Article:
“You need to get 4 vaccines. Today.”
There’s no movement on my face as my doctor hits me with these words, but on the inside I’m screaming. I never liked the idea of a needle pushing through my skin. I can’t help but think back to middle-school when the doctors would come and vaccinate a whole class at once. Standing in line, slowly moving forward, having a clear view on the current child being vaccinated, the air filled with the scent of disinfectant, getting paler and sicker as slight panic and fear of death starts to kick in.
Less than one month until we hit the road and we still haven’t seen an embassy from the inside. Not the cleverest idea when attempting to ride the bike around the world. However, there are reasons why I postponed this phase of planning: I’ve never needed a visa in my life, I don’t know what it is and I have absolutely no freaking glue how to obtain one. If there was one thing that could sabotage our plans then it was the visa issue. Luckily we found a visa agency that would do some of the work for us: you hand over all the necessary documents, pay an not-so-little amount of fees, they do their magic and, voilà, eventually you get back your passport with the respective visa. So far so good.
However, the embassy of Pakistan requires the applying person to physically be at their embassy in Vienna.
Monday morning we headed off to Vienna. “Are we going to tell them the real story of what we want to do, or do we simply say we are some regular tourists?”, I ask Dominik. As we enter the embassy I immediately feel a sense of excitement and unease. I can’t help but feel so very out of place here. We find ourselves in a waiting room full of cozy looking couches (yes, inside the embassy building), two or three Pakistani people sitting and waiting. I’m suddenly aware that I’m not in Austria anymore. These building is official Pakistan ground, as the corresponding waving flag in the backyard reminds me. Behind a counter with glass wall a friendly Pakistani official greets us:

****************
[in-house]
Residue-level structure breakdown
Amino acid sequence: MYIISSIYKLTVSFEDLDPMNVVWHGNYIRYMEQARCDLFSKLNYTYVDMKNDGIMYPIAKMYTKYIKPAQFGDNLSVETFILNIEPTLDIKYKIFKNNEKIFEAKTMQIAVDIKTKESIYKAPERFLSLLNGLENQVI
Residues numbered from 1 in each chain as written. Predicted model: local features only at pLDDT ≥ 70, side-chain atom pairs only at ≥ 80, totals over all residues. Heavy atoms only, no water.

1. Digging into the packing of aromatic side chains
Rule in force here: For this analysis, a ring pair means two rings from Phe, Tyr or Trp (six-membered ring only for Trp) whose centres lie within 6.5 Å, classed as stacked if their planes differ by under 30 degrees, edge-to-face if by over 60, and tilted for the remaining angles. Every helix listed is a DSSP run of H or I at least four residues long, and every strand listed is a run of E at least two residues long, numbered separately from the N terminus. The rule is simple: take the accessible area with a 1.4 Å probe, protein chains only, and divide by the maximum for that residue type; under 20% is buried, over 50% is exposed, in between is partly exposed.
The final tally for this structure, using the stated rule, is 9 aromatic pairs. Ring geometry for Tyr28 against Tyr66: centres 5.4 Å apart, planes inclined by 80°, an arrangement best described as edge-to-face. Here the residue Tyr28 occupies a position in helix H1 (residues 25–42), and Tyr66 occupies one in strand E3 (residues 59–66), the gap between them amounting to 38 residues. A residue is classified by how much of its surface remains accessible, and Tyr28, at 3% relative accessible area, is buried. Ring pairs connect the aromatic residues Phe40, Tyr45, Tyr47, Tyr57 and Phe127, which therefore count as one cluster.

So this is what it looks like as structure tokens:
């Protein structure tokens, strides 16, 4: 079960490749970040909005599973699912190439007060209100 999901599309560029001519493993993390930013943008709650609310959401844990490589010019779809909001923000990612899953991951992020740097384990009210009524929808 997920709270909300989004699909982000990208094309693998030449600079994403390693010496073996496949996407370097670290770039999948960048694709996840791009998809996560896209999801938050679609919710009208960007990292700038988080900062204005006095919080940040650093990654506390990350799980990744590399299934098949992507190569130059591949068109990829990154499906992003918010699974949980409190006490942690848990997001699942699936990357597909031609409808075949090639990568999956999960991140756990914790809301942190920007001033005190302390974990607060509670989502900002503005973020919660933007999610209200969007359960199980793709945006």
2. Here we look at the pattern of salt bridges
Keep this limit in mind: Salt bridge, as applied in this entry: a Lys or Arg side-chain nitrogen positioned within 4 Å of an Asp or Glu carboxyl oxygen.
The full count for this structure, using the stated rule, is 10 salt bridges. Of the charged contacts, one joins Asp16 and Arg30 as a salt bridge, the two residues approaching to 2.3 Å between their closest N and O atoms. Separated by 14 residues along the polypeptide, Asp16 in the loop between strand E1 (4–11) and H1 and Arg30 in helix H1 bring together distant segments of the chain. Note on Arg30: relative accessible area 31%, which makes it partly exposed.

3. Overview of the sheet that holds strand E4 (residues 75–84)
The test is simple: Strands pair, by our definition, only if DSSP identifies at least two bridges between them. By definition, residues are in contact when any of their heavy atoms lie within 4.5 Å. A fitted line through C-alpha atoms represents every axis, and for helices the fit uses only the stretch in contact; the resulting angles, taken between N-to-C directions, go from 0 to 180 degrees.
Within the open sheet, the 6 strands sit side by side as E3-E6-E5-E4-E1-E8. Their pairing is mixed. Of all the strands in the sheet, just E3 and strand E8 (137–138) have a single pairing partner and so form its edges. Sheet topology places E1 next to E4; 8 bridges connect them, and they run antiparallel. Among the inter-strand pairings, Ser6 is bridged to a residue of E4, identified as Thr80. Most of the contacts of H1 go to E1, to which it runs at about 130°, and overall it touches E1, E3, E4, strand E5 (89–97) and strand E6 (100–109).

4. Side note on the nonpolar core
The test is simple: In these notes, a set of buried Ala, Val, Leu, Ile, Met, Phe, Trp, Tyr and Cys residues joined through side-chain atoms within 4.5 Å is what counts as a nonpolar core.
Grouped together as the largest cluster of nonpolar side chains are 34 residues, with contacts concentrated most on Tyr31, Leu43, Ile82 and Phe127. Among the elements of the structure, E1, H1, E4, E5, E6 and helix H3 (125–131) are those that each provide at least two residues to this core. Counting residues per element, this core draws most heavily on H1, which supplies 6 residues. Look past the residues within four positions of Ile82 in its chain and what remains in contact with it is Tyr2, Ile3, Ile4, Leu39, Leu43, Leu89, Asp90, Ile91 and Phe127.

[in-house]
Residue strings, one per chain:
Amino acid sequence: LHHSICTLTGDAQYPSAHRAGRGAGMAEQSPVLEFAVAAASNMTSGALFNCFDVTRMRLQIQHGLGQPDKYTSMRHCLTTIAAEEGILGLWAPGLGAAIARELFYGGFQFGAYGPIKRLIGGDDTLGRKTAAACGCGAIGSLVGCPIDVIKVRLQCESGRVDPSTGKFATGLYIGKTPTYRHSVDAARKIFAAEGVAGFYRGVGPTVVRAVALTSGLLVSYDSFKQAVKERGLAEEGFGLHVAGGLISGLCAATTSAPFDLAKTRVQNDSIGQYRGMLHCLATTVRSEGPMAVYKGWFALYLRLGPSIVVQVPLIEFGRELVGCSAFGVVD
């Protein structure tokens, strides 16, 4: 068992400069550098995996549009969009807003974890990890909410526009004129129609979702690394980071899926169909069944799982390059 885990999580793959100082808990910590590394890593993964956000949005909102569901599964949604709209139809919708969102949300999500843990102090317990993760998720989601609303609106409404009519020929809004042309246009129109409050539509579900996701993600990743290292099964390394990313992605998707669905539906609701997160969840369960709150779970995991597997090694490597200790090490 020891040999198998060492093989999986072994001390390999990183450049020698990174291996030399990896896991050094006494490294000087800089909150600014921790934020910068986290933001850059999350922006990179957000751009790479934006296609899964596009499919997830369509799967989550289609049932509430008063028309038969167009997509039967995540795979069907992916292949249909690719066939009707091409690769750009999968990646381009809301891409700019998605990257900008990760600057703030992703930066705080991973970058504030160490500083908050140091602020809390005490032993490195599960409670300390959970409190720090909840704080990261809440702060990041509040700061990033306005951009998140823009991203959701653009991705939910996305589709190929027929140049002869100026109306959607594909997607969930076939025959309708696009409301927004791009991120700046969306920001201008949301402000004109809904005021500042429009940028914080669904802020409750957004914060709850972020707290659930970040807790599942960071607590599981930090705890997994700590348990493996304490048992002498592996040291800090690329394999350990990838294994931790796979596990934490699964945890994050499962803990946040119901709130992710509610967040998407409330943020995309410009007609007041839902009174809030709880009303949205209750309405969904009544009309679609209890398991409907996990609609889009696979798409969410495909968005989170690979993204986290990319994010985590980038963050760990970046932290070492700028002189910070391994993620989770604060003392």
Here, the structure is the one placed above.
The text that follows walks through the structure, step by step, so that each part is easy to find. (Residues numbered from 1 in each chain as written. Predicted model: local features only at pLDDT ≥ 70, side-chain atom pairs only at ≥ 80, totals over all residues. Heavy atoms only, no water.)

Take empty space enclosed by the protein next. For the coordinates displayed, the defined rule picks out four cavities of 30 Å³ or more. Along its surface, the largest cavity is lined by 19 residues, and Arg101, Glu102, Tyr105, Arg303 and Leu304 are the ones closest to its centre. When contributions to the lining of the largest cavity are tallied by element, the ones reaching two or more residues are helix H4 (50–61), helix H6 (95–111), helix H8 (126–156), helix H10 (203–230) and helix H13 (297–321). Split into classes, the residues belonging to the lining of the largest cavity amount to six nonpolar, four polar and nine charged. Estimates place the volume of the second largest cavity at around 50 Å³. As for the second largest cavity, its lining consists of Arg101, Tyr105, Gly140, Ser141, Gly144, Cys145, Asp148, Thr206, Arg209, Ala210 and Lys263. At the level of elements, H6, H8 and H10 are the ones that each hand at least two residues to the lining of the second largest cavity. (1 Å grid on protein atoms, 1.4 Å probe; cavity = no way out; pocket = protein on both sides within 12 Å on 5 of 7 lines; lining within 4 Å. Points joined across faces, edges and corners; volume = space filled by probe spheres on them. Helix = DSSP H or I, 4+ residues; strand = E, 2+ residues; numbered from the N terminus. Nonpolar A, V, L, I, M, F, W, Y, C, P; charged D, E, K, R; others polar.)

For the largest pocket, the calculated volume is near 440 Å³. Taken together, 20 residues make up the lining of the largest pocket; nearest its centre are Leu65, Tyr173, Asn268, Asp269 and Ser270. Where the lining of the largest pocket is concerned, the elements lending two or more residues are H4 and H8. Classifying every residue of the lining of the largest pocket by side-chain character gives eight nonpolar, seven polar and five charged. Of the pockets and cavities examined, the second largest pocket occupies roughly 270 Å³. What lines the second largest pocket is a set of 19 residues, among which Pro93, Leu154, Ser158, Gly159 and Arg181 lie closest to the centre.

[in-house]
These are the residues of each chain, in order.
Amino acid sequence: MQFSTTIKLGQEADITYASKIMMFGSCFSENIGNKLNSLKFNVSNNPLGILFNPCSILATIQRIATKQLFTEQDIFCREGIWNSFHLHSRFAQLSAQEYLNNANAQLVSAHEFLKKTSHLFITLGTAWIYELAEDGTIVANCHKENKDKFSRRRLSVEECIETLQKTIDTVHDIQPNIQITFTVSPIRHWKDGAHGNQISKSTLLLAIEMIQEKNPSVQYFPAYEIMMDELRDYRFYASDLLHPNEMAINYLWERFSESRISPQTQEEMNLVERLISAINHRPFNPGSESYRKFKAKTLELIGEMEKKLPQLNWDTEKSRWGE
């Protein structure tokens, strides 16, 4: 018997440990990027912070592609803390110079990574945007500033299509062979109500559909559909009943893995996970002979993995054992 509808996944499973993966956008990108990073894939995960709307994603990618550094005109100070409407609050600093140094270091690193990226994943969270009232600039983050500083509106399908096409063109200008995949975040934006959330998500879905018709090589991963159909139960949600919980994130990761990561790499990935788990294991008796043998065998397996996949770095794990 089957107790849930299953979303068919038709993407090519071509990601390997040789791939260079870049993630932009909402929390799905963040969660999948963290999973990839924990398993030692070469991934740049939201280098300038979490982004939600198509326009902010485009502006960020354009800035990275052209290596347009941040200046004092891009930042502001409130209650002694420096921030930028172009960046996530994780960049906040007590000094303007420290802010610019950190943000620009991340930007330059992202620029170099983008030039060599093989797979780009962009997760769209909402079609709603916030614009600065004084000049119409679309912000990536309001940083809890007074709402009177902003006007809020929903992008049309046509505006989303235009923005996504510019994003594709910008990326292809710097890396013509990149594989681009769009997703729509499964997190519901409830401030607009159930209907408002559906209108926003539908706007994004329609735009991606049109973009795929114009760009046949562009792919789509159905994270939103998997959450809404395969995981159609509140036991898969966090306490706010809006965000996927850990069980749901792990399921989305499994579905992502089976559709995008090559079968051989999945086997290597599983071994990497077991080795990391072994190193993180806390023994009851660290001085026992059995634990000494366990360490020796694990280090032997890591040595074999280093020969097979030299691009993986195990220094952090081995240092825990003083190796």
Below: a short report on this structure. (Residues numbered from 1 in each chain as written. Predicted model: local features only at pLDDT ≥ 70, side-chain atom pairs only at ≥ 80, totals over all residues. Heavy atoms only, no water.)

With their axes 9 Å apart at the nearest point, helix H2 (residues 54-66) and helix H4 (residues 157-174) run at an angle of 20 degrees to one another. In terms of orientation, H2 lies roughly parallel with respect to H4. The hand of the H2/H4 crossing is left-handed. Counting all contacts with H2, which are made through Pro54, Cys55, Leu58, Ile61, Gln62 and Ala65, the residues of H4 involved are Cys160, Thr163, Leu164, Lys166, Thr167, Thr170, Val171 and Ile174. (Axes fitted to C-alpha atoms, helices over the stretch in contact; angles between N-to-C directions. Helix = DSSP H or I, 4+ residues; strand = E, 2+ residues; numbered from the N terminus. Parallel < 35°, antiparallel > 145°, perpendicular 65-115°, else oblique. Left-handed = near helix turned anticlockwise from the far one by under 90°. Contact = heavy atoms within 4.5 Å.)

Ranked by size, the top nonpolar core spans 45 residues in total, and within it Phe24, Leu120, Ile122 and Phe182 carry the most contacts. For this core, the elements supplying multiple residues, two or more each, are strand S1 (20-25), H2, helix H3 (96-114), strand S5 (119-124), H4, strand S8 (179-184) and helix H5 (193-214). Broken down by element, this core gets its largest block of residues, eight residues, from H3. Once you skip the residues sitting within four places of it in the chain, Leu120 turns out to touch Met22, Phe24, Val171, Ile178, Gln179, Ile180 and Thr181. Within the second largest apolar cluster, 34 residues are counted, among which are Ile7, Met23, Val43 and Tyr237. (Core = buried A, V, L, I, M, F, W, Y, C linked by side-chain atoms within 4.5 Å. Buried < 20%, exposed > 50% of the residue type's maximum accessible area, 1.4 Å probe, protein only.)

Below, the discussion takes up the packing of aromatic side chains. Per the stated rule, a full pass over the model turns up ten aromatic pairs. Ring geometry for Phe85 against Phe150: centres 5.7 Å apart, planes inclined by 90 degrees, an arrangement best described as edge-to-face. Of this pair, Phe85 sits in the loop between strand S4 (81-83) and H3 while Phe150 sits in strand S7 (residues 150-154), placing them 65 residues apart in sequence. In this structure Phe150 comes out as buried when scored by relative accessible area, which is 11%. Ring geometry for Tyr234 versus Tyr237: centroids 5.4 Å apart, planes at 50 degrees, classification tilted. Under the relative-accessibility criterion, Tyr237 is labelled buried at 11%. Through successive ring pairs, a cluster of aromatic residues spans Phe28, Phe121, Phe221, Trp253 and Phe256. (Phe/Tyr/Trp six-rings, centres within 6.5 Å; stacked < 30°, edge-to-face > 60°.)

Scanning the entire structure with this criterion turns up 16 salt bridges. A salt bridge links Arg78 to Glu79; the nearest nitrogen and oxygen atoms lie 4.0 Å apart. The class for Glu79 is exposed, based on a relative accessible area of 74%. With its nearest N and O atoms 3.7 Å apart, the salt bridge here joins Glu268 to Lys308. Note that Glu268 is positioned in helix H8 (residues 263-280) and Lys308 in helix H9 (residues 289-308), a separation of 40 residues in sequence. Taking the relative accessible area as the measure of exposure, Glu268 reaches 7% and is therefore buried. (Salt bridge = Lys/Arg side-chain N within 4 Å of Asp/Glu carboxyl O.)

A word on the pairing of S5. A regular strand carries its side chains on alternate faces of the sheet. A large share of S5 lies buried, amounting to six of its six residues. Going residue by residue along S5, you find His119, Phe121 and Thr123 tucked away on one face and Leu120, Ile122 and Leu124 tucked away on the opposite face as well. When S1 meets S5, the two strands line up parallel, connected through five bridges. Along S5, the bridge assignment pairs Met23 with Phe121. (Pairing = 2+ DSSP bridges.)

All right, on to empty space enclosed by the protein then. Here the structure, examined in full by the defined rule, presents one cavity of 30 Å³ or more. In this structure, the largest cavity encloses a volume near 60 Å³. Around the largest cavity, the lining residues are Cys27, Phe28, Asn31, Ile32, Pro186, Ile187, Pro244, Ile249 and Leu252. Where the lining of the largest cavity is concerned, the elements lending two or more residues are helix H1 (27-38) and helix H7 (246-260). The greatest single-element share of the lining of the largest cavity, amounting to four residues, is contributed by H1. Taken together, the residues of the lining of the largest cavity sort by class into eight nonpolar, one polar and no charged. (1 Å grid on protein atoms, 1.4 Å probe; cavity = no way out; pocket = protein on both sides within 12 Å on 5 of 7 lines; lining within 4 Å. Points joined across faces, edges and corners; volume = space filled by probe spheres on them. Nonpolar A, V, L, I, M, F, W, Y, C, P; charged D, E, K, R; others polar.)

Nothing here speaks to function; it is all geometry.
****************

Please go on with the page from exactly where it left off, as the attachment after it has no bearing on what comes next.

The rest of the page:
“Hello, can I help you?””Hy, yes, thank you. We would need a visa for a.. ummm, special,.. ummm, trip. In fact we want to go around the world by bike and go through Pakistan as well. Do you think that’s possible?”
Silence. Slightly concerned he looks from me to Dominik, and as neither of us reveals that it’s “just a prank, bro”, he continues:
“Generally speaking it is possible, yes. However, I need your bank statement, a letter describing what you are up to and what places you want to visit, a filled out visa form and patience on your behalf. It usually takes 4-6 weeks for a visa to be issued”.
With mixed feelings we exit the embassy. 4-6 weeks is too long and international post delivery too slow. The passport would never ever arrive on time to us in Kyrgyzstan. We were not prepared for a setback like this. Our original route is in danger.